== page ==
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Comparison of Wavelight Allegretto Eye-Q and Schwind Amaris 750S excimer laser in treatment of high astigmatism

  • Maja BohacEmail author
  • Alma Biscevic
  • Mateja Koncarevic
  • Marija Anticic
  • Nikica Gabric
  • Sudi Patel
Open Access
Refractive Surgery

Abstract

Purpose

To compare functional outcomes of Wavelight Allegretto Eye-Q 400Hz and Schwind Amaris 750S excimer laser for astigmatism between 2 and 7 diopters(D).

Methods

Prospective comparative non-randomized case series of 480 eyes assigned in two laser groups and further divided into myopic and mixed astigmatism subgroups. All treatments were centered on corneal vertex. One-year results were compared between the groups. Statistical analysis was performed using z-test.

Results

Both Allegretto and Amaris postoperative uncorrected distance visual acuity (UDVA) improved in comparison to preoperative corrected distance visual acuity (CDVA). The difference was significant in the Allegretto group for myopic astigmatism (p = 0.017). There was no difference in postoperative UDVA between lasers. Average sphere decreased in all groups for both lasers (p < 0.001) without difference in effectiveness of spherical correction between lasers for both groups. In Allegretto, average cylinder decreased from −3.30D to −0.55D in myopic astigmatism (p < 0.001) and from −3.84D to −0.85D in mixed astigmatism (p < 0.001). In Amaris average cylinder decreased from −3.21D to −0.43D in myopic astigmatism (p < 0.001) and from −3.66D to −0.58D in mixed astigmatism (p < 0.001). Amaris group had less residual astigmatism (myopic astigmatism p = 0.023, mixed astigmatism p < 0.001). Mean spherical aberration shifted from positive to negative in mixed astigmatism for both lasers.

Conclusion

Both lasers are effective in terms of UDVA, CDVA, spherical correction, and preservation of high-order aberrations. However, Amaris was more effective in cylinder correction.

Keywords

Astigmatism LASIK Excimer laser Ablation profile High-order aberrations 

Introduction

LASER in-situ keratomileusis (LASIK) is a highly successful keratorefractive procedure for the treatment of myopia and low degrees of hyperopia. However, treatment of astigmatism, especially hyperopic astigmatism, is still a therapeutic challenge, and often results in significant refractive misscorrections [1, 2] . Recent advances in excimer laser technology, such as the use of aspheric ablation profiles, incorporation of higher-order aberration treatment, and eye trackers, have presumably led to better refractive outcomes and reduced induction of higher-order aberrations postoperatively [3, 4].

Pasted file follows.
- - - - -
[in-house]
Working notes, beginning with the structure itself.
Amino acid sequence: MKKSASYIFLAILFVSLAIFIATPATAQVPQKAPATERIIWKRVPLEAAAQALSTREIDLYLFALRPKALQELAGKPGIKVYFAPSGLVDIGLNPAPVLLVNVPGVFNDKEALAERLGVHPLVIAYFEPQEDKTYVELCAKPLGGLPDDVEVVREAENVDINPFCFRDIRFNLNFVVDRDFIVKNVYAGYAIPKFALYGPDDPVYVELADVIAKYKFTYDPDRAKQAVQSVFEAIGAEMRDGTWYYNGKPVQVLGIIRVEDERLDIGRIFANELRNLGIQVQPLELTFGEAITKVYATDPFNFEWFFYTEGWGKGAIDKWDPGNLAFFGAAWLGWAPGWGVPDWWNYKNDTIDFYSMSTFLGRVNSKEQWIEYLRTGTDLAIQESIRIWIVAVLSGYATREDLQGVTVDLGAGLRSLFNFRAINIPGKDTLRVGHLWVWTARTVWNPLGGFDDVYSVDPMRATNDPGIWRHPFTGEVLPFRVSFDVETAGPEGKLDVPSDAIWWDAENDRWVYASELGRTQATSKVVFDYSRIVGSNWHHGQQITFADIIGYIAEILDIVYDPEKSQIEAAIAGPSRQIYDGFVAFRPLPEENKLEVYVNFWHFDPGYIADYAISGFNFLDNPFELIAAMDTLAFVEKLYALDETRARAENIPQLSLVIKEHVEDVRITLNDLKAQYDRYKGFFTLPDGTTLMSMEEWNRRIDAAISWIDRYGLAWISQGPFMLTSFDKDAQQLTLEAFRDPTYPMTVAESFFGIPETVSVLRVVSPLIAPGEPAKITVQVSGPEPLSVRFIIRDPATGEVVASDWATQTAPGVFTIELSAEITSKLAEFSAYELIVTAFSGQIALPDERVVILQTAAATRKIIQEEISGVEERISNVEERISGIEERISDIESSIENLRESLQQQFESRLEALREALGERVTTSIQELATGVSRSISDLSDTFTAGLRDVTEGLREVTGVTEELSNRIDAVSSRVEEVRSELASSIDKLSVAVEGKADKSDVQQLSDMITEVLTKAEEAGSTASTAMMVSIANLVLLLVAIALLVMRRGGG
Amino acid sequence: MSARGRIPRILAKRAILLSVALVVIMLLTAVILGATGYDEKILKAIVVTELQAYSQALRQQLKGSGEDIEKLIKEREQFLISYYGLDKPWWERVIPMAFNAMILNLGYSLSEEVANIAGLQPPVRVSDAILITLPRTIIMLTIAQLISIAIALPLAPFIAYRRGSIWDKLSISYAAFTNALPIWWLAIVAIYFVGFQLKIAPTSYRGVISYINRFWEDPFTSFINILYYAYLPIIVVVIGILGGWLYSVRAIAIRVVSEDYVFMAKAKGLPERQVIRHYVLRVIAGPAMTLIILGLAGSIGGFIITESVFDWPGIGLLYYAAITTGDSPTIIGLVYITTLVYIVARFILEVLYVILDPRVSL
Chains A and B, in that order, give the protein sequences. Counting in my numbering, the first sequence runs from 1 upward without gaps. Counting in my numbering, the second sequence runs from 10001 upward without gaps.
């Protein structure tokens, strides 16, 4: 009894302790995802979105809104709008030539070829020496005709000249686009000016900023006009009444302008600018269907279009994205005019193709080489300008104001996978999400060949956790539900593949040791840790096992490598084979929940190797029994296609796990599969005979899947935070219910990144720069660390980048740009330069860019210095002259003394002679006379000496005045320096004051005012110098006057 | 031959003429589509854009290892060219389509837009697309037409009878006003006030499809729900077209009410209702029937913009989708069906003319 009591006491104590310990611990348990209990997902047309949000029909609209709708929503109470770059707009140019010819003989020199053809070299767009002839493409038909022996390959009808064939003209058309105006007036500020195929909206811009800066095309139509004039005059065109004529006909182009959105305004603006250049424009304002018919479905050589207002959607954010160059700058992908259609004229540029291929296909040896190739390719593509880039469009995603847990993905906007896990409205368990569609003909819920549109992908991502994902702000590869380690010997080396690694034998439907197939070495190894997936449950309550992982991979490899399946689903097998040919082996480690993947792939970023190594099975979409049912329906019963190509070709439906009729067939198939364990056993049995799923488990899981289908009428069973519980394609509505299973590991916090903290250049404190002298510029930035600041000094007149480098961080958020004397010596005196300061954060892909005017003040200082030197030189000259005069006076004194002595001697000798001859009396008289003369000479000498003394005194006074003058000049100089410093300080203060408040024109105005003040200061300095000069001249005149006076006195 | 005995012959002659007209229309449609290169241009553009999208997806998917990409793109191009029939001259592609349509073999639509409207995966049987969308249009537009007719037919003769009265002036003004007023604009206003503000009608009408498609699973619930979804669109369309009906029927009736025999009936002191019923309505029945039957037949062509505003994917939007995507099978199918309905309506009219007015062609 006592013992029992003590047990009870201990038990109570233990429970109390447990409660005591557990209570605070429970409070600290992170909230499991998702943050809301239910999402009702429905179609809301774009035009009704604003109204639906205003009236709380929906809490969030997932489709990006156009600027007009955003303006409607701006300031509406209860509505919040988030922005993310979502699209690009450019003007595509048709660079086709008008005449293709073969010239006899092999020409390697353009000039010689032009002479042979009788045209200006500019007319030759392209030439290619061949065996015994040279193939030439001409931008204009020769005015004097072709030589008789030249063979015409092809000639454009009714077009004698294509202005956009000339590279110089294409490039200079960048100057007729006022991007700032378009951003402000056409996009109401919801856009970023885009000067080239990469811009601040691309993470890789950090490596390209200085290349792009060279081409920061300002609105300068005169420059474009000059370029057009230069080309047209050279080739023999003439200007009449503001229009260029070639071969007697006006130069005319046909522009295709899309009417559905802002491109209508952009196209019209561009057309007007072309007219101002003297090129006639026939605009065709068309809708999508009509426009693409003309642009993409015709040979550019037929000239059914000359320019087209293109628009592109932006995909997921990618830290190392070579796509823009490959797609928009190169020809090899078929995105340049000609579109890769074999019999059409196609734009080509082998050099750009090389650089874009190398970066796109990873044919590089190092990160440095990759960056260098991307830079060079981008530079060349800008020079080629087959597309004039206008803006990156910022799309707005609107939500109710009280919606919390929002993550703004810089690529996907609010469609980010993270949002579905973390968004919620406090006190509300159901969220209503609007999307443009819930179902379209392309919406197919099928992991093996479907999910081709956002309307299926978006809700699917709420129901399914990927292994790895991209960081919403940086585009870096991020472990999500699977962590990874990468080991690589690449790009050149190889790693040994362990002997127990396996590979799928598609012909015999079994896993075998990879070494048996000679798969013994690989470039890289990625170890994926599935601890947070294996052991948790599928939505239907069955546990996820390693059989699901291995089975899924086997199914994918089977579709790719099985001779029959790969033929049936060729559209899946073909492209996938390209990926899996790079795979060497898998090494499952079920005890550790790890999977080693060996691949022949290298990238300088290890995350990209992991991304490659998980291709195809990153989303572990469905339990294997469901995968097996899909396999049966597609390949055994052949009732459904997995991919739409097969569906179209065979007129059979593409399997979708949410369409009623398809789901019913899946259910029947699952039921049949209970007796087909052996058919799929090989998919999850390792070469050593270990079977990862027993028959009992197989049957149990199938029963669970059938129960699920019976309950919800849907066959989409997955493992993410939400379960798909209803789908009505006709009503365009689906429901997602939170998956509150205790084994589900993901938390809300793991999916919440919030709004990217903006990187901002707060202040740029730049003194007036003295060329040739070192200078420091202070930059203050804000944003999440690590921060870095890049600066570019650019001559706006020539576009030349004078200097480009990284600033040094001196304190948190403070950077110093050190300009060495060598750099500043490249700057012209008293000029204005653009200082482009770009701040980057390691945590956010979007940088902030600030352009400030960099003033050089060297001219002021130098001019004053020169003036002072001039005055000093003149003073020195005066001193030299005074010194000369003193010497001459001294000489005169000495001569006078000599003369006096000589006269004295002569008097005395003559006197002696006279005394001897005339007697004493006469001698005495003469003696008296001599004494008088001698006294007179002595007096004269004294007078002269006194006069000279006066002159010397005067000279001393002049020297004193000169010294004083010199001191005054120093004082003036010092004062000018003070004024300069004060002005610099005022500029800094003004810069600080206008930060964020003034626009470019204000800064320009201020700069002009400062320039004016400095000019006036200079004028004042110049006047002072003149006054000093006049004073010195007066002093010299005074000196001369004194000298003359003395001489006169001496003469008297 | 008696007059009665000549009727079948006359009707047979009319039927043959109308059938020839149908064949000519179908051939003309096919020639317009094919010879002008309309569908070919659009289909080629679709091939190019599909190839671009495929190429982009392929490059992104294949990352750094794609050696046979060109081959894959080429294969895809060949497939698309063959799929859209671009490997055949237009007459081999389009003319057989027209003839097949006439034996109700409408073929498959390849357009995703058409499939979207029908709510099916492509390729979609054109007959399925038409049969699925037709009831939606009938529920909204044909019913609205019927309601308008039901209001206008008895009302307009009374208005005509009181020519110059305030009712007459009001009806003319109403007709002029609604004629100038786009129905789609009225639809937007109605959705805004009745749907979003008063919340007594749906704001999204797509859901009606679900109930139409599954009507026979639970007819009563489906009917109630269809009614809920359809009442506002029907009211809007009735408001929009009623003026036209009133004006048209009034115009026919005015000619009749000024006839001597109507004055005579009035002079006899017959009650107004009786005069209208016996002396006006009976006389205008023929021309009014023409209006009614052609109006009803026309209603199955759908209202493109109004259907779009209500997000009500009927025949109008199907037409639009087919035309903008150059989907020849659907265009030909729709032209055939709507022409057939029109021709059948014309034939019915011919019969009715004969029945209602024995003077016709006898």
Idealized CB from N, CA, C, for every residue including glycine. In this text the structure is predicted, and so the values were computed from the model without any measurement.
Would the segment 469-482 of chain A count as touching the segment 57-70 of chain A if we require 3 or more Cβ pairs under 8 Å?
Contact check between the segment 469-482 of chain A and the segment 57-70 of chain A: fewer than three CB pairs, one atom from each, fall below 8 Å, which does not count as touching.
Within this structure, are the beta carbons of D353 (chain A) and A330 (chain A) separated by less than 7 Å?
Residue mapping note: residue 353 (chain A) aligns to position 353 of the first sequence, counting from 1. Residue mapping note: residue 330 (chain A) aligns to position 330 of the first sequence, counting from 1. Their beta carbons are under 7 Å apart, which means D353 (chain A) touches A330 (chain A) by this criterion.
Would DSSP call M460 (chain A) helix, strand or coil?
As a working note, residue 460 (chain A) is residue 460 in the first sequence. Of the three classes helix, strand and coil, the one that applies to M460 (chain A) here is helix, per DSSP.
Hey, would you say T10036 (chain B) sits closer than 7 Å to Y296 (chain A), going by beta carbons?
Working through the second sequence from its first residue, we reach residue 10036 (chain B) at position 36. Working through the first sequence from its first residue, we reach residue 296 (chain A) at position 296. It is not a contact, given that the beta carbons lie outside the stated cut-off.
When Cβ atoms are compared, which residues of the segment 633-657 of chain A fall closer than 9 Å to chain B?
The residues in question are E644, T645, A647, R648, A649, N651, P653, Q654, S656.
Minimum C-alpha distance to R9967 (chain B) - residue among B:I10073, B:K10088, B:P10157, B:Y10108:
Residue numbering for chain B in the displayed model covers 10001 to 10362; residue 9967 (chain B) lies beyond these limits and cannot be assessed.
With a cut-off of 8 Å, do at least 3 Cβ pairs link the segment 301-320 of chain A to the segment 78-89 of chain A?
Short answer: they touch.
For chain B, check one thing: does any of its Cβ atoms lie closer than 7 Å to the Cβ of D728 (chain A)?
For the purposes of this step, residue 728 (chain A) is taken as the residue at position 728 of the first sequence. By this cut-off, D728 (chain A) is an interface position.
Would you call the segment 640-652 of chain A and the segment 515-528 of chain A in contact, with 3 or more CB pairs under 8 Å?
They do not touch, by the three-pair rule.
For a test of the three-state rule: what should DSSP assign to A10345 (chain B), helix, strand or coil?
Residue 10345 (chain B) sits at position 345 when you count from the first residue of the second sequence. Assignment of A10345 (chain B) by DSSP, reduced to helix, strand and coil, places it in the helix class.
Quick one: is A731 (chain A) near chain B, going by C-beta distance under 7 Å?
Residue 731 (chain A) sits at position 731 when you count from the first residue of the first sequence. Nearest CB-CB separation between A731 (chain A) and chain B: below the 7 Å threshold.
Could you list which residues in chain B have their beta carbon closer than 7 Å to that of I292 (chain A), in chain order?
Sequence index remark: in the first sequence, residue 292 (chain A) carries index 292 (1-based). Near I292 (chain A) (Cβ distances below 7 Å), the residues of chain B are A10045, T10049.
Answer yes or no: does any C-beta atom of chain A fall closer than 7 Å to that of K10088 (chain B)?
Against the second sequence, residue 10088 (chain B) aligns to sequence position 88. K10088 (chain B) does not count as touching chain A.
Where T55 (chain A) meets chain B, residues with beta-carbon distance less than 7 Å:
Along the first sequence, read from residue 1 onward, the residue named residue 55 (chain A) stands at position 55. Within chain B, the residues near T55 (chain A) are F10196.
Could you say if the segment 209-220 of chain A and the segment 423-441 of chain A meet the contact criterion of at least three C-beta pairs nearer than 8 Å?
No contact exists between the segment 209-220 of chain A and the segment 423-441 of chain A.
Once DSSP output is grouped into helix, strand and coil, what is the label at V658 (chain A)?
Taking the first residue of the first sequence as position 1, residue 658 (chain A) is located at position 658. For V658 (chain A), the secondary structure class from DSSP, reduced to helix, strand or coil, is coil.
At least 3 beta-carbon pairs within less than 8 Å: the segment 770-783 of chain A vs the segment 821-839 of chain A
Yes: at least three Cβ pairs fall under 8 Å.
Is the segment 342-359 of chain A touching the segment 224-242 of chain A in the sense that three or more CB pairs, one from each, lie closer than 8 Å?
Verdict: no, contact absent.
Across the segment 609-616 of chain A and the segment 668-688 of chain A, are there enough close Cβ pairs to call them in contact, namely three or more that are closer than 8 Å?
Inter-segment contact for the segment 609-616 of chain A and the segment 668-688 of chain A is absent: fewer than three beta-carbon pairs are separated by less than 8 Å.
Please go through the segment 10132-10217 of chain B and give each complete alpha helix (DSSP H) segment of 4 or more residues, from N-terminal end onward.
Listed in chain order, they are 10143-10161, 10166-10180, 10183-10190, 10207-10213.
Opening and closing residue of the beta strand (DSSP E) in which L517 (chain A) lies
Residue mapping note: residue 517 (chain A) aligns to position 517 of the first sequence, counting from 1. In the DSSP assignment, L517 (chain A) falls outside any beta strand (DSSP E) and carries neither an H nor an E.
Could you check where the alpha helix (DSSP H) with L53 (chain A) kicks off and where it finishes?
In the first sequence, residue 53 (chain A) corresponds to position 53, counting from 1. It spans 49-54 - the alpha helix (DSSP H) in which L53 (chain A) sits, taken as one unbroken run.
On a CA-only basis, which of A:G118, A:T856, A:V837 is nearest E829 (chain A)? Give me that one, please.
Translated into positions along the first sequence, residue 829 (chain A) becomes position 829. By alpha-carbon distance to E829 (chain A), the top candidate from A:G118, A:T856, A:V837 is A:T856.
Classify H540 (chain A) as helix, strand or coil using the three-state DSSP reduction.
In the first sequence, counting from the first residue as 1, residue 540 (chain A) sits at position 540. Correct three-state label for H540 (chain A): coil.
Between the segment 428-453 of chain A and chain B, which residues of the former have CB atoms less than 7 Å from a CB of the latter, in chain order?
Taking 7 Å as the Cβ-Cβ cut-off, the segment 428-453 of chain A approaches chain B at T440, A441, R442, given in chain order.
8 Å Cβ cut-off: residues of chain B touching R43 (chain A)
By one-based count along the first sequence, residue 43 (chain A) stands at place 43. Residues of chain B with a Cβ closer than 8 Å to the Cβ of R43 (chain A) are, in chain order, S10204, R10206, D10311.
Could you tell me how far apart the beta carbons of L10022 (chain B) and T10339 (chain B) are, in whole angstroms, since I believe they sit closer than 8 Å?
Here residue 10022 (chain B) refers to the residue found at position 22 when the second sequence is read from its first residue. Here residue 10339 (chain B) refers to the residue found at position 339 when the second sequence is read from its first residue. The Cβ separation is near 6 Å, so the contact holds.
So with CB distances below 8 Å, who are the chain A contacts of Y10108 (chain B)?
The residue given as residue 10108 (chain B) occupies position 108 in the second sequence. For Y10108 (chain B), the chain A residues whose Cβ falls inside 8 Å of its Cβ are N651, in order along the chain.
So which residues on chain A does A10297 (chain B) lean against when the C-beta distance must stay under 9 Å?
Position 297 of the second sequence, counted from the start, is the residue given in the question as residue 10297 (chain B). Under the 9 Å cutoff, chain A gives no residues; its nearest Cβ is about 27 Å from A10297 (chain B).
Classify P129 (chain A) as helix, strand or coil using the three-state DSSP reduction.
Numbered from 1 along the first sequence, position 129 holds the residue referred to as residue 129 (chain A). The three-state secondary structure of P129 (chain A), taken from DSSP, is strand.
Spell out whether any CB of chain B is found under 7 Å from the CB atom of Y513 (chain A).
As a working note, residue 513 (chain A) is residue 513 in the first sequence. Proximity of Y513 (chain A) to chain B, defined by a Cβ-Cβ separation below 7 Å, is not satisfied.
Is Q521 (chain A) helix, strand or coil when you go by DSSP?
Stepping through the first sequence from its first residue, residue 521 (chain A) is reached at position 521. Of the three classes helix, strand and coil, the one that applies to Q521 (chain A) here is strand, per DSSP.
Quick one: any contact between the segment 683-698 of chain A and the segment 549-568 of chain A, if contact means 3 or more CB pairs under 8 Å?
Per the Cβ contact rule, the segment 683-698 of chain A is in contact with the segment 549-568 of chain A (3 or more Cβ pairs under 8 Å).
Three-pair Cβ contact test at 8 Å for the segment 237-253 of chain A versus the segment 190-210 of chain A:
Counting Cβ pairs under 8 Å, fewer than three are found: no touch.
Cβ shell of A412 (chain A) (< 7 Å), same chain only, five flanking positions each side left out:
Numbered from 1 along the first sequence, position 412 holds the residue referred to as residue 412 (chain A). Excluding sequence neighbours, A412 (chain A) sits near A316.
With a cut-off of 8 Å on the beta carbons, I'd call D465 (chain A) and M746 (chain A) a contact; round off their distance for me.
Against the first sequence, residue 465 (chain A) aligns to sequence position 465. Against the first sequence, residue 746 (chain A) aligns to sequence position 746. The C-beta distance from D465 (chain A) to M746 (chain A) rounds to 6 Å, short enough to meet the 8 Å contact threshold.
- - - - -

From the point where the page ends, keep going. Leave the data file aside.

The Wavelight Allegretto Eye-Q is a flying-spot excimer laser, with a pulse repetition rate of 400Hz, with two galvanometric scanners for positioning laser pulses. The beam is a small-spot, <0.95 mm in diameter, with a Gaussian energy distribution. The system has an infrared high-speed camera operating at 400Hz to track the patient’s eye movements that either compensates for changes in eye position or interrupts the treatment if the eye moves outside a preset predetermined range. The Wavelight Allegretto Eye-Q laser delivery program is designed to maintain a more natural corneal shape by adjusting for the asphericity of the cornea based on the anterior curvature readings, and minimizing the amount of spherical aberration induced during surgery [5, 6]. The system compensates for the slope in the cornea by delivering a relatively larger number of pulses to the periphery. The Schwind Amaris 750S is a flying-spot excimer laser with a pulse repetition rate of 750Hz, spot diameter of 0.54 mm, and Gaussian energy distribution. The Schwind Amaris 750S laser delivery program also features an aspheric ablation algorithm for refractive treatments. Depending on the planned refractive correction, approximately 80 % of the corneal ablation is performed with a high fluence level (>400 mJ/cm2) and this leads to a considerable reduction in time spent treating the cornea. Fine correction is performed for the remaining 20 % of the treatment using a low fluence level (<200 mJ/cm2), aimed to reduce the amount ablated per pulse and smooth out the ablated stromal bed. The laser features a five-dimensional 1050Hz infrared eye tracker with simultaneous limbus, pupil, iris recognition, and cyclotorsion tracking integrated in the laser delivery process. One of the optional ablation algorithms is the “Aberration- FreeTM” package that is designed to maintain the preoperative levels of ocular higher-order aberrations [7, 8, 9, 10].